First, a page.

Annual Report 2014

James Tedd
Project Manager


The ocean energy sector needs the first precommercial projects in the water, and your organization has a leading role worldwide, could you give some information of your short to medium term plans given the actual conditions?

James Tedd: ESB is developing the ESB Westwave project and is seeking to develop Ireland’s first electricity from the Atlantic wave energy. ESB is investigating and developing a site near Doonbeg, Co Clare for 5 MW of wave energy devices - this is equivalent to the combined demand of nearby towns Doonbeg, Kilkee, and Kilrush. The ambitious project, which aims for operations to commence in 2018, is a first of its kind in Ireland. It is larger than anything developed to date, and is in line with a number of comparable projects under development in Europe.

Successful development and delivery of the ESB Westwave project will support the aims of the Offshore Renewable Energy Development Plan through job creation, and communicating that Ireland is open for business. The development phase of the project is supported by SEAI (Sustainable Energy Authority of Ireland). EC NER300 funding of 23 M€ has been awarded to the project which, together with government capital and revenue will support the investment in the project.

The primary challenge for the project is the development of technology to a level at which ESB can proceed with sufficient confidence. We provided a thorough discussion on this in OES paper 2012 ( Following successful operation of the ESB Westwave project and progressive development in wave technology, ESB intends to build out further wave energy project as part of ESB generation portfolio.


Project development involve a wide variety of risks, including technical, regulatory and financial, could you describe which are the most critical ones you have encounter/are encountering and how could they be overcome?

James Tedd: As a utility ESB is able to draw upon our experience in developing a range of generation project. ESB has implemented our in house Project Delivery Model to manage the ESB Westwave Project. This has allowed ESB to manage the project risks. The key risk in developing the ESB Westwave project is the pace of development of the technology, as wave energy technology is novel with a number of companies testing prototype devices internationally. ESB has managed this through a Design Competition. ESB has established a design competition which will purchase the most competitive wave energy devices where prototype devices have proven their production and technical readiness for the extremes of the west of Ireland. The competition has been structured as a competitive dialogue announced on the OJEU.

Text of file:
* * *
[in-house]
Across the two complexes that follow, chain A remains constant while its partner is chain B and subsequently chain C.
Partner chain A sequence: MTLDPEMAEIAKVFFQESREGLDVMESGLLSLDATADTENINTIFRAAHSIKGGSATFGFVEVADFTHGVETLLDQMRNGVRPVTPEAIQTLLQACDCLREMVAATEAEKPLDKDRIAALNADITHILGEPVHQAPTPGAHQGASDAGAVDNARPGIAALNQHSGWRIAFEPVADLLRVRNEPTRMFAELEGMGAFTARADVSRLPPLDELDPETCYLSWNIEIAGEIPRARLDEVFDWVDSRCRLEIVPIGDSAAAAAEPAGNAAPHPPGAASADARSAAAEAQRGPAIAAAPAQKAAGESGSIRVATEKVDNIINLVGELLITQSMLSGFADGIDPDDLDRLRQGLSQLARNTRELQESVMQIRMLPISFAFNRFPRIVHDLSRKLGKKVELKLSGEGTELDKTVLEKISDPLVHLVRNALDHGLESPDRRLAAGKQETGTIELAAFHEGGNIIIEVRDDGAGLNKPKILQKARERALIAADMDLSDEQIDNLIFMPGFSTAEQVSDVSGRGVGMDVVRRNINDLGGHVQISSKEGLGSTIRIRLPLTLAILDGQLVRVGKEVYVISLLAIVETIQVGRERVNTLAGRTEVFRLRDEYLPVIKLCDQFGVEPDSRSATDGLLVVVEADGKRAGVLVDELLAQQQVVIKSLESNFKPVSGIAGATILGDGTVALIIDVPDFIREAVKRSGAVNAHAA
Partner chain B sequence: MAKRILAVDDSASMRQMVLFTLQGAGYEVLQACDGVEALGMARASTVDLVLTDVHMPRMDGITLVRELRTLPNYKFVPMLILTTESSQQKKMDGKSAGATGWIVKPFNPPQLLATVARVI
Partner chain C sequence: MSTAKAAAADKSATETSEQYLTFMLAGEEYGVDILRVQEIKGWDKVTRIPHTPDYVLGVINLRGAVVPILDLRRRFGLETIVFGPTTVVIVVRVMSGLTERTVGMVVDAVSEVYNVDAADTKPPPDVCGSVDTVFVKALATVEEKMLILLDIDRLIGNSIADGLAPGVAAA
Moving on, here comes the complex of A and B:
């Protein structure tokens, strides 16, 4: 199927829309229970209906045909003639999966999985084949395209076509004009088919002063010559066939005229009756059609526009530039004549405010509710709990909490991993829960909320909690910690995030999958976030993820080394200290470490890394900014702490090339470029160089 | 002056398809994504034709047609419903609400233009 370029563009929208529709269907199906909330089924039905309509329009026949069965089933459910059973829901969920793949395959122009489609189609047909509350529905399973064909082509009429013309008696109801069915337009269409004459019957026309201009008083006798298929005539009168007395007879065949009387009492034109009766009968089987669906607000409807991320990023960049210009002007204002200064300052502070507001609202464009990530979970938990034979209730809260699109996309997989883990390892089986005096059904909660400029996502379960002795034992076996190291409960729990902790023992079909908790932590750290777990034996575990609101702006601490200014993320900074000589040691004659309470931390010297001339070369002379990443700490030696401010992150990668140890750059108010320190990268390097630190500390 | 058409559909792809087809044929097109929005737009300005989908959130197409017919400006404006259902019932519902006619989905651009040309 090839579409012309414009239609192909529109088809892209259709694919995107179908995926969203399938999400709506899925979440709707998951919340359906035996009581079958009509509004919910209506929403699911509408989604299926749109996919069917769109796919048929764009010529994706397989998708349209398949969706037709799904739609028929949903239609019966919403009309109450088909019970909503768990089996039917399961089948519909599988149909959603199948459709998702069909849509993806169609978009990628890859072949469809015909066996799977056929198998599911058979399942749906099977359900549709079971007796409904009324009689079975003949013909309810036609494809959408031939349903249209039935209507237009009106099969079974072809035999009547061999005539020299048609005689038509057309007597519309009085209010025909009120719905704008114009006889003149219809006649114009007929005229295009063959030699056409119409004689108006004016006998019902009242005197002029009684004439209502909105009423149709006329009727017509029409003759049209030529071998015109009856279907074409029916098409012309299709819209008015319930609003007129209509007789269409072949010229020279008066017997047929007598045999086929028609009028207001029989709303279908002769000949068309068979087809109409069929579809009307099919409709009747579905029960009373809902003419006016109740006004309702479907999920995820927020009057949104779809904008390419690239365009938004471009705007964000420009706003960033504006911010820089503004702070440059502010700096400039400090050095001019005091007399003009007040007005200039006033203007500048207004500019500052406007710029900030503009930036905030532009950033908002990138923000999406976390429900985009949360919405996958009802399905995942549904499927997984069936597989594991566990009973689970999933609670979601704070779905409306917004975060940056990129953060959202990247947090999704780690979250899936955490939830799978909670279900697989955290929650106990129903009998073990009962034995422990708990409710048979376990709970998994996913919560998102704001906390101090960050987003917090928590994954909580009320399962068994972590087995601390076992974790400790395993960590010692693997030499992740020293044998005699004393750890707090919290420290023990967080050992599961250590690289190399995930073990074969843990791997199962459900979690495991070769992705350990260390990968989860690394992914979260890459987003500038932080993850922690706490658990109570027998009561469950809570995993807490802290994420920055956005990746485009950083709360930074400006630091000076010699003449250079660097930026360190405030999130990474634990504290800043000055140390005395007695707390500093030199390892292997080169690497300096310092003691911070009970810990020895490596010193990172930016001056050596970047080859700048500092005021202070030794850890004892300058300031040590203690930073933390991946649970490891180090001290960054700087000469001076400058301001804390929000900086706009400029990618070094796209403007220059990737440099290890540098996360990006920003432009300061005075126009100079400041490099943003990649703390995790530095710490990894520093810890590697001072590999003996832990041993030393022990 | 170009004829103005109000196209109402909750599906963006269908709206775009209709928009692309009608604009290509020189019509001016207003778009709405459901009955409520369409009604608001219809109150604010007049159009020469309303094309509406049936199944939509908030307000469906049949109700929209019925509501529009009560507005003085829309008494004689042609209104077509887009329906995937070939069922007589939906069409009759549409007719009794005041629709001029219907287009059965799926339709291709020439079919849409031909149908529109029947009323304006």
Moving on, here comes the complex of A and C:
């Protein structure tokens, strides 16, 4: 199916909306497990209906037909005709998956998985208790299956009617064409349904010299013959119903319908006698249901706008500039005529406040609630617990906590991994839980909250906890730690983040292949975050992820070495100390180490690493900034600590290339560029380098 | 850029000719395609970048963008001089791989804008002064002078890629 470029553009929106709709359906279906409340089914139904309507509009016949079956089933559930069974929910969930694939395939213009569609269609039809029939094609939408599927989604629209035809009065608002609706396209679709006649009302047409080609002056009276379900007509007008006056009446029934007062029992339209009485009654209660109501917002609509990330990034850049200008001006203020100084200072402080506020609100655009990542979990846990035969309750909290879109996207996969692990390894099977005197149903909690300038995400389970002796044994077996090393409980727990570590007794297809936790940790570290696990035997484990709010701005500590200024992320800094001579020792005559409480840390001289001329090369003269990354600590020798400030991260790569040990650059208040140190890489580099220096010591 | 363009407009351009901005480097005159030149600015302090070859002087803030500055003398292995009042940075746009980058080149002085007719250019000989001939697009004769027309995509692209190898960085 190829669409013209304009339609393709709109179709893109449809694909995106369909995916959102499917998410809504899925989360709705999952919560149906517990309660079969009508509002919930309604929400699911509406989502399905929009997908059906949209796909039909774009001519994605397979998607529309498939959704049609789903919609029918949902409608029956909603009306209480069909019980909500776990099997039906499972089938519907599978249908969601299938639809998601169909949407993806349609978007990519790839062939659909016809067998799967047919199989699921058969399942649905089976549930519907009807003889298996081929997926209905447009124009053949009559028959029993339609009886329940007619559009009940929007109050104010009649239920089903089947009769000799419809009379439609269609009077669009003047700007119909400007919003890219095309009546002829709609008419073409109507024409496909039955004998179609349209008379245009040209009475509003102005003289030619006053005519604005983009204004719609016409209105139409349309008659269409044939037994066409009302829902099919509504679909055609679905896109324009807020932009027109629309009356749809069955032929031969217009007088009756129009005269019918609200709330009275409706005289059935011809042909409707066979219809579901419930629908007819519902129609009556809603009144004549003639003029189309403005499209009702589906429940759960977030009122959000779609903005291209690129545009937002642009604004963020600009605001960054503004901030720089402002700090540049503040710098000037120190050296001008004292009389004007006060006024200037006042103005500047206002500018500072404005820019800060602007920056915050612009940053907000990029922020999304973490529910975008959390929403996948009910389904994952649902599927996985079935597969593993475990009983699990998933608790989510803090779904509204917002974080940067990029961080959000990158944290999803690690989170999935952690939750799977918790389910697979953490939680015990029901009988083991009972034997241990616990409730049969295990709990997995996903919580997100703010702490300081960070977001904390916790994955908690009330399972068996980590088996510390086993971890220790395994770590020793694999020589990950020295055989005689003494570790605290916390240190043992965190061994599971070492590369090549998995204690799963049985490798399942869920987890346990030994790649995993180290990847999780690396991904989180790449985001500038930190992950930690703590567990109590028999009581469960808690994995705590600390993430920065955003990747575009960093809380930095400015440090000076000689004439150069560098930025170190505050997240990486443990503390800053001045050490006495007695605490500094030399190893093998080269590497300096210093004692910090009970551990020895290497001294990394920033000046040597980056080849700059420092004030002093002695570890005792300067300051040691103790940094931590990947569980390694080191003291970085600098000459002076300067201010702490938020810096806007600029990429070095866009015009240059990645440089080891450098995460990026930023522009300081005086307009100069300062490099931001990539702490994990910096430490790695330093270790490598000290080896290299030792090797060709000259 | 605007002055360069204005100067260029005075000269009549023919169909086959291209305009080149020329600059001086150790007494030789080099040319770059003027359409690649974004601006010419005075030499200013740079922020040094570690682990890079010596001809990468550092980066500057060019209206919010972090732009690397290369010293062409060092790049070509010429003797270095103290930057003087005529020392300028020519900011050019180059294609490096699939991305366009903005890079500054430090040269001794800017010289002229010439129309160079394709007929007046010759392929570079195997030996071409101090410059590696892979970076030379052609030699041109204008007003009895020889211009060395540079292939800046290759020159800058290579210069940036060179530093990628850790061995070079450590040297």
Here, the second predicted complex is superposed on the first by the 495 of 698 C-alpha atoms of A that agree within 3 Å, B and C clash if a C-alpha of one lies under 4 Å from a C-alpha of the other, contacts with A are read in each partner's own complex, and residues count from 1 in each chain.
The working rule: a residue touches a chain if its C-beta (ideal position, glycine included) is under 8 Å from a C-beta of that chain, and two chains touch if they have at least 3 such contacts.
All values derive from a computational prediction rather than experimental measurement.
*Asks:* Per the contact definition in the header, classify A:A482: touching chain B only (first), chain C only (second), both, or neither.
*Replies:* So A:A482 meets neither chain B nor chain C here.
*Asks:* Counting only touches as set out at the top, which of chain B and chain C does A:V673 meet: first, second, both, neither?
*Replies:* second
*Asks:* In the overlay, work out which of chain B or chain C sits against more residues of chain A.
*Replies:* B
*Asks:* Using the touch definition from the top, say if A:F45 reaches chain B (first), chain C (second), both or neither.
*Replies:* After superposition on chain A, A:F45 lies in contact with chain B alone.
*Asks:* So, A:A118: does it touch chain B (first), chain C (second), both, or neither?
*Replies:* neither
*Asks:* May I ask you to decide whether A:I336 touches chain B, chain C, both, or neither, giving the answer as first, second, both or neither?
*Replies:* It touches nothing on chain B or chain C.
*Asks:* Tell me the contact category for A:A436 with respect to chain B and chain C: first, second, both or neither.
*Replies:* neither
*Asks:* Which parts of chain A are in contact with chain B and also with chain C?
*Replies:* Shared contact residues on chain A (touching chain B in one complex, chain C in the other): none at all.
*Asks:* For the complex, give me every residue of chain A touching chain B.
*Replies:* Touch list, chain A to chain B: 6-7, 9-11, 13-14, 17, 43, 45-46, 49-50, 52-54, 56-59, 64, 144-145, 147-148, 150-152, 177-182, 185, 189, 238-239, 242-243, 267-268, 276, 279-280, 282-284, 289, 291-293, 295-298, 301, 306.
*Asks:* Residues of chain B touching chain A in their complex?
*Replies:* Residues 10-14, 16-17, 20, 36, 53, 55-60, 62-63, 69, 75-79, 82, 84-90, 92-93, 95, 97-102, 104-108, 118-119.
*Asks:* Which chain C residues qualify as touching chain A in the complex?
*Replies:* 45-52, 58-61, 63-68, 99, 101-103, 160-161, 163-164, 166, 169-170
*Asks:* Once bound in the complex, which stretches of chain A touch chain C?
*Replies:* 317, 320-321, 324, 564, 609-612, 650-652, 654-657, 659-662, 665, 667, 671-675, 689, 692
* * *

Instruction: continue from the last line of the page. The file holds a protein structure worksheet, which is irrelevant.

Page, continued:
The on-going information from this dialogue have been used to inform the development of the ESB Westwave project and mitigate the risks in the area of regulations, finances and public acceptance.

If support measures are put in place in order to overcome those barriers, can you identify the responsible stakeholders for delivering solutions, such as, governments, supply chain, research sector, etc and what would be the expected improvement in terms of your project pipeline and cost reduction that could be achieved?

James Tedd: The key requirement for the Ocean Energy sector is an increase in confidence in the technologies. The technology development has been characterised by SME led projects testing individual technologies. A number of these concepts have demonstrated devices with the capability to convert the energy into electricity. However very few devices have progressed into regular operation. This lack of development is hampering the development of the first array projects. Partnerships across industry and government agencies should focus on proving the operation of devices to the level where their performance can be well characterised and confidence can be gained.

How do you see that international collaboration could accelerate ocean energy growth and what, specifically, is the role that you would like OES to play in supporting the development of ocean energy?

James Tedd: Collaboration is key in innovative projects like ESB Westwave. The project has collaborated on wave resource data with Irish universities (UCC, UCD, NUIG), and with Infomar National Seabed Survey programme in terms of seabed data. ESB is collaborating with international partners to further the project including technology developers, and engineering experts. ESB is active in the development of IEC standards for Ocean Energy, which are important as the industry develops.

The role of the OES in publishing the international state of the art in Ocean Energy is valuable.